Mitigating the harmful effects of Galectin-3 with Modified Citrus Pectin

The AANP Conference Planning Team would like to introduce Issac Eliaz, MD, LAc, MS, as a guest blogger for the 2013 Annual Conference Blog. He will be leading a Vendor Workshop, Friday, July 12, from 11:15am to 12:00pm, in Keystone, Colorado.

As an integrative physician who treats cancer and chronic illness, my practice is rooted in the concept of individualized, patient-driven medicine. This means we work closely with each patient to design a protocol tailored to their unique needs, in order to build health while simultaneously fighting disease. Rightly, one size does not fit all. In conventional medicine this approach has been slow to take hold because it requires a truly holistic perspective. That is why I enjoy working with Naturopathic Doctors. We speak the same language of holistic, patient-driven medicine and we understand deeply the importance of integrating leading research advancements with traditional healing wisdom.

An excellent example of this integration of traditional botanical wisdom and science is the exciting and fast-growing body of research on galectin-3 molecules and the role of Modified Citrus Pectin (MCP) as a proven natural galectin-3 inhibitor. So while integrative, patient-driven medicine is highly individualized, there are also certain natural therapies that can have universal benefit, and the body of scientific literature is showing MCP to be one of these therapies. This is due in large part to its unique relationship with a protein called galectin-3.

Worldwide epidemiological studies over the last several years have revealed a strong correlation between many chronic and life-threatening diseases and elevated levels of circulating galectin-3. At normal levels, galectin-3, produced by the body, is beneficial—it is a signaling molecule that aids in regulating the cell cycle, cellular growth, development, and cell to cell communication. It is also part of the inflammation and repair process, and that's where it can become problematic when uncontrolled. Serious conditions such as cancer metastasis, heart disease, chronic inflammation and fibrosis, kidney injury, ulcerative colitis, cirrhosis of the liver, arthritis, and a host of other chronic conditions have been shown to be triggered and exacerbated by high levels of galectin-3 in the blood. Experts in this field project that in the near future a new class of diseases known as “Elevated Galectin-3 Diseases” will be established for diagnostic and treatment purposes.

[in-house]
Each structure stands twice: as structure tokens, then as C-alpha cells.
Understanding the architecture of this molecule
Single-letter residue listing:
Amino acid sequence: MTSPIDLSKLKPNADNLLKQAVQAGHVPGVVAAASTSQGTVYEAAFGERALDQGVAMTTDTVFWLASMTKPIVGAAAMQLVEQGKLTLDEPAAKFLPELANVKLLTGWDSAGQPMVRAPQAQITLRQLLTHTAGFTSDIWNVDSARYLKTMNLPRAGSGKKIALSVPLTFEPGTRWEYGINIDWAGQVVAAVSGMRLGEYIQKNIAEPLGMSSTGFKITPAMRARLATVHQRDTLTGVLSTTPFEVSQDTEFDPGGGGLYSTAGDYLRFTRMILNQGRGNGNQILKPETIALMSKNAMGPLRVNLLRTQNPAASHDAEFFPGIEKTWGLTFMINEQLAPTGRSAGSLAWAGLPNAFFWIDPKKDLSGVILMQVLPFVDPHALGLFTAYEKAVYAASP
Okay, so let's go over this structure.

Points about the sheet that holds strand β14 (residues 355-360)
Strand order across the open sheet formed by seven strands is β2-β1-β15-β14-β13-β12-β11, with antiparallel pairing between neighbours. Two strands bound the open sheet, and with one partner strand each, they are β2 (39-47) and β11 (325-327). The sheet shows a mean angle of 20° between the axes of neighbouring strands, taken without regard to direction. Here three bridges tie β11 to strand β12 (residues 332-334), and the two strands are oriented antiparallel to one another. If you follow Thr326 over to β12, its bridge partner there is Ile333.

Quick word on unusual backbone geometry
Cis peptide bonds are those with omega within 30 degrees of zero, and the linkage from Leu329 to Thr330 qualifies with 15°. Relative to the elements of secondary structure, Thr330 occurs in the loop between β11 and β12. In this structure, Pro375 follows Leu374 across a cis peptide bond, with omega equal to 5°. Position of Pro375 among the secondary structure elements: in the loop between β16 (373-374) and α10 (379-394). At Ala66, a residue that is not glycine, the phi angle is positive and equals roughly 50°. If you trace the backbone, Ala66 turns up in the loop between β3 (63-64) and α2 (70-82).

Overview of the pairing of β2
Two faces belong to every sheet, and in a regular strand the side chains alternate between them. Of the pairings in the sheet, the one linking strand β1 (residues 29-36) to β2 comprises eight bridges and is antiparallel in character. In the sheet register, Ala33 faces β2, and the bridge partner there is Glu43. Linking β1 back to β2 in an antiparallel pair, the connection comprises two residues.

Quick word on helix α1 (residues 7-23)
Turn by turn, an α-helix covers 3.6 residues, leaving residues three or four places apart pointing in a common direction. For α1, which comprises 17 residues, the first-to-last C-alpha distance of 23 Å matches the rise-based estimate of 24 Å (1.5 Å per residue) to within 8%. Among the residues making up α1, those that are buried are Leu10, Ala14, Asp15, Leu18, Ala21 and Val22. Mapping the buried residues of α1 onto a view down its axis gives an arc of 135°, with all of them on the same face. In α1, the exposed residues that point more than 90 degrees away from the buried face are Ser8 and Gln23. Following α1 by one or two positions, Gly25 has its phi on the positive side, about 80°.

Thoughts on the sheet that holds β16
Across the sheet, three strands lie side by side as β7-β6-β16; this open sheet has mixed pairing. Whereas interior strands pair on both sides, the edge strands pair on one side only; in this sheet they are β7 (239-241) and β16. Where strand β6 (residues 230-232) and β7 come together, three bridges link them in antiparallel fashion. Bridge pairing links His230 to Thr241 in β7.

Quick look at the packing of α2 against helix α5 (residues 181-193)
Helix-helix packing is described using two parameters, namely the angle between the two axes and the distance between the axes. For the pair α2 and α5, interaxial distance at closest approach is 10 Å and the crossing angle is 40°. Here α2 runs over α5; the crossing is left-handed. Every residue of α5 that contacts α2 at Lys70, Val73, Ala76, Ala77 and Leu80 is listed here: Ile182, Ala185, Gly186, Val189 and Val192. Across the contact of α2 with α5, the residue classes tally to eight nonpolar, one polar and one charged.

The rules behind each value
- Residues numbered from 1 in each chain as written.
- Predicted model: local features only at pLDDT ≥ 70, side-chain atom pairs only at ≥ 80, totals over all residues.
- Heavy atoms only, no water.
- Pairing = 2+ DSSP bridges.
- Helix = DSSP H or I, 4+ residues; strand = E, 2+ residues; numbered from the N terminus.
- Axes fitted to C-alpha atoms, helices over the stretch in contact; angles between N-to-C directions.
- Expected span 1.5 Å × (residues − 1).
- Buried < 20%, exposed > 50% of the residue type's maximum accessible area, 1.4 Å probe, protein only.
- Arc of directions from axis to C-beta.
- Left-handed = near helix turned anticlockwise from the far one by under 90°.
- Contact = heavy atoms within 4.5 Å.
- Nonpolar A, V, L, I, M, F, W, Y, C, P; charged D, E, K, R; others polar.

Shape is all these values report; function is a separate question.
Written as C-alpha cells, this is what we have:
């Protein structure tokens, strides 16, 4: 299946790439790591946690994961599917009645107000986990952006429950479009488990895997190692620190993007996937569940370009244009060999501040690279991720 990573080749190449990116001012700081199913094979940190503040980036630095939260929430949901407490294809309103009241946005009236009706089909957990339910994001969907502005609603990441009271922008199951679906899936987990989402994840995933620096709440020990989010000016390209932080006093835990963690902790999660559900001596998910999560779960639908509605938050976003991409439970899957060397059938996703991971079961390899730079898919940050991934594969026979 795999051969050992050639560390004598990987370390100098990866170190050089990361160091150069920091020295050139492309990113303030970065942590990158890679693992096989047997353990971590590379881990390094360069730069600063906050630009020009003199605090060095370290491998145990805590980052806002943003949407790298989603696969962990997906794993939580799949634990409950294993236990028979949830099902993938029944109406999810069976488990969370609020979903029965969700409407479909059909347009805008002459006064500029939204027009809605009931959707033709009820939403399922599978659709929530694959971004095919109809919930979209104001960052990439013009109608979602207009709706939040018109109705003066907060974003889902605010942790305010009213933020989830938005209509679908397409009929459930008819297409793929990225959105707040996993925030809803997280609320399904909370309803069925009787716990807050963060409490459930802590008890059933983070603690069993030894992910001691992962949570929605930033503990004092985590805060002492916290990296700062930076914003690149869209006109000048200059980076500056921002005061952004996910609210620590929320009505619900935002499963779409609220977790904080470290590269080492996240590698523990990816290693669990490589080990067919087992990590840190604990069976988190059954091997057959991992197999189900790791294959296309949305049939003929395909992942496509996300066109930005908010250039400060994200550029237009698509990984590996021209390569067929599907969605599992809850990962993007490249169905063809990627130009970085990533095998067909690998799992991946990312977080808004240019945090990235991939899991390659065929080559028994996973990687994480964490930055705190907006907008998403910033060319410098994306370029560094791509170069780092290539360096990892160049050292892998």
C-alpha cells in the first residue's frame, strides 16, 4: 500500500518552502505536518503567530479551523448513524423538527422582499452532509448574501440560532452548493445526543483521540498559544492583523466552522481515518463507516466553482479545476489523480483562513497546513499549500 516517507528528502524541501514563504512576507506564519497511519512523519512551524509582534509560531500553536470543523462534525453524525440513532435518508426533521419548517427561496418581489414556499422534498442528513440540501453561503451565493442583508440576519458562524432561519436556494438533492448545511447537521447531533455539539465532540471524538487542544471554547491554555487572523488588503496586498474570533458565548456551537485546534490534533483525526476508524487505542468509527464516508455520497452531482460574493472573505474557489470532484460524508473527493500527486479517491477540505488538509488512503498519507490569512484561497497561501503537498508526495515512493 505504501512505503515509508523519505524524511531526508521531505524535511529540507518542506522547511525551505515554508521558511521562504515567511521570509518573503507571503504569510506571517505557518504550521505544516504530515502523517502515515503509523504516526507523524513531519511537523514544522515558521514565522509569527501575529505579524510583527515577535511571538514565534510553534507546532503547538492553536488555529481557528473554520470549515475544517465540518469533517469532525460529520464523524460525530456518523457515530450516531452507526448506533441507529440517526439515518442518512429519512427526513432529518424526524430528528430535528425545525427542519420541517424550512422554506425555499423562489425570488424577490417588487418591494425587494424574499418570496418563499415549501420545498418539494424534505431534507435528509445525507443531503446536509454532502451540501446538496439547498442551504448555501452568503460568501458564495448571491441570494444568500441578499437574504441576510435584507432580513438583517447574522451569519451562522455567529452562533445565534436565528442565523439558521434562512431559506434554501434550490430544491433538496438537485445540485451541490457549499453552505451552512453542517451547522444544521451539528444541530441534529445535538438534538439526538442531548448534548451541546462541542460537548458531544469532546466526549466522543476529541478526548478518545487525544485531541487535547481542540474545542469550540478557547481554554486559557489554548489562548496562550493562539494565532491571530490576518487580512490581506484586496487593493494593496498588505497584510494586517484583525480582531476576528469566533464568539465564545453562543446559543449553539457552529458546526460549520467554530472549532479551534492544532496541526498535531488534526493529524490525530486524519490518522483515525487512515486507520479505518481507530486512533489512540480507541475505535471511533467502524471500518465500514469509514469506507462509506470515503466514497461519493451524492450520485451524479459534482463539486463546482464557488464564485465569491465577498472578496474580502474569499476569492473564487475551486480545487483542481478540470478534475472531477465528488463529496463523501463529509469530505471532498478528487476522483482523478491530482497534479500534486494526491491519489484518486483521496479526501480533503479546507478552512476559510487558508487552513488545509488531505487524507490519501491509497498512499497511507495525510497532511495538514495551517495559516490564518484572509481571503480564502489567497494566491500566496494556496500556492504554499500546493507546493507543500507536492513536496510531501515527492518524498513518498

Screening for Galectin-3
In 2011, the U.S. Food and Drug Administration (FDA) approved a serum assay to measure galectin-3 levels as a way to evaluate cardiovascular disease risk and progression. This is an easy and inexpensive test, covered by most health insurances for cardiovascular screening and prognosis. Since elevated galectin-3 is recognized as a “culprit” biomarker -- rather than a “bystander” biomarker such as CRP -- this test serves as an invaluable tool providing insight into the risks and progression of numerous chronic, degenerative illnesses. As a culprit, active biomarker, elevated galectin-3 is both a cause and an effect of metastatic cancer and inflammatory/fibrosis-related conditions.

A naturally occurring beta-galactoside binding protein, elevated galectin-3 fuels the development of diseases related to chronic inflammation and the progression of inflammation to fibrosis, in addition to cancer tumor formation and metastasis. This process can affect every organ and system in the body. A large scale population study presented in 2012 showed that elevated levels of galectin-3 increase overall mortality 3-fold in the general population. The Role of Galectin-3 in Cancer and Chronic Disease Galectin-3 can circulate freely through the blood system, or be expressed in the nucleus, cytoplasm, mitochondrion, cell surface, and extracellular space. The role of galectin-3 in the formation and spread of cancer is well documented and accepted throughout the medical community. Cancer cells are commonly found to have an abundance of galectin-3 on their surface. The galectin-3 acts as a cell binder, allowing cancer cells to aggregate, attach to endothelium and metastasize. Galectin-3 has also been shown to be a major factor in angiogenesis—the formation of new blood vessels to feed the tumor.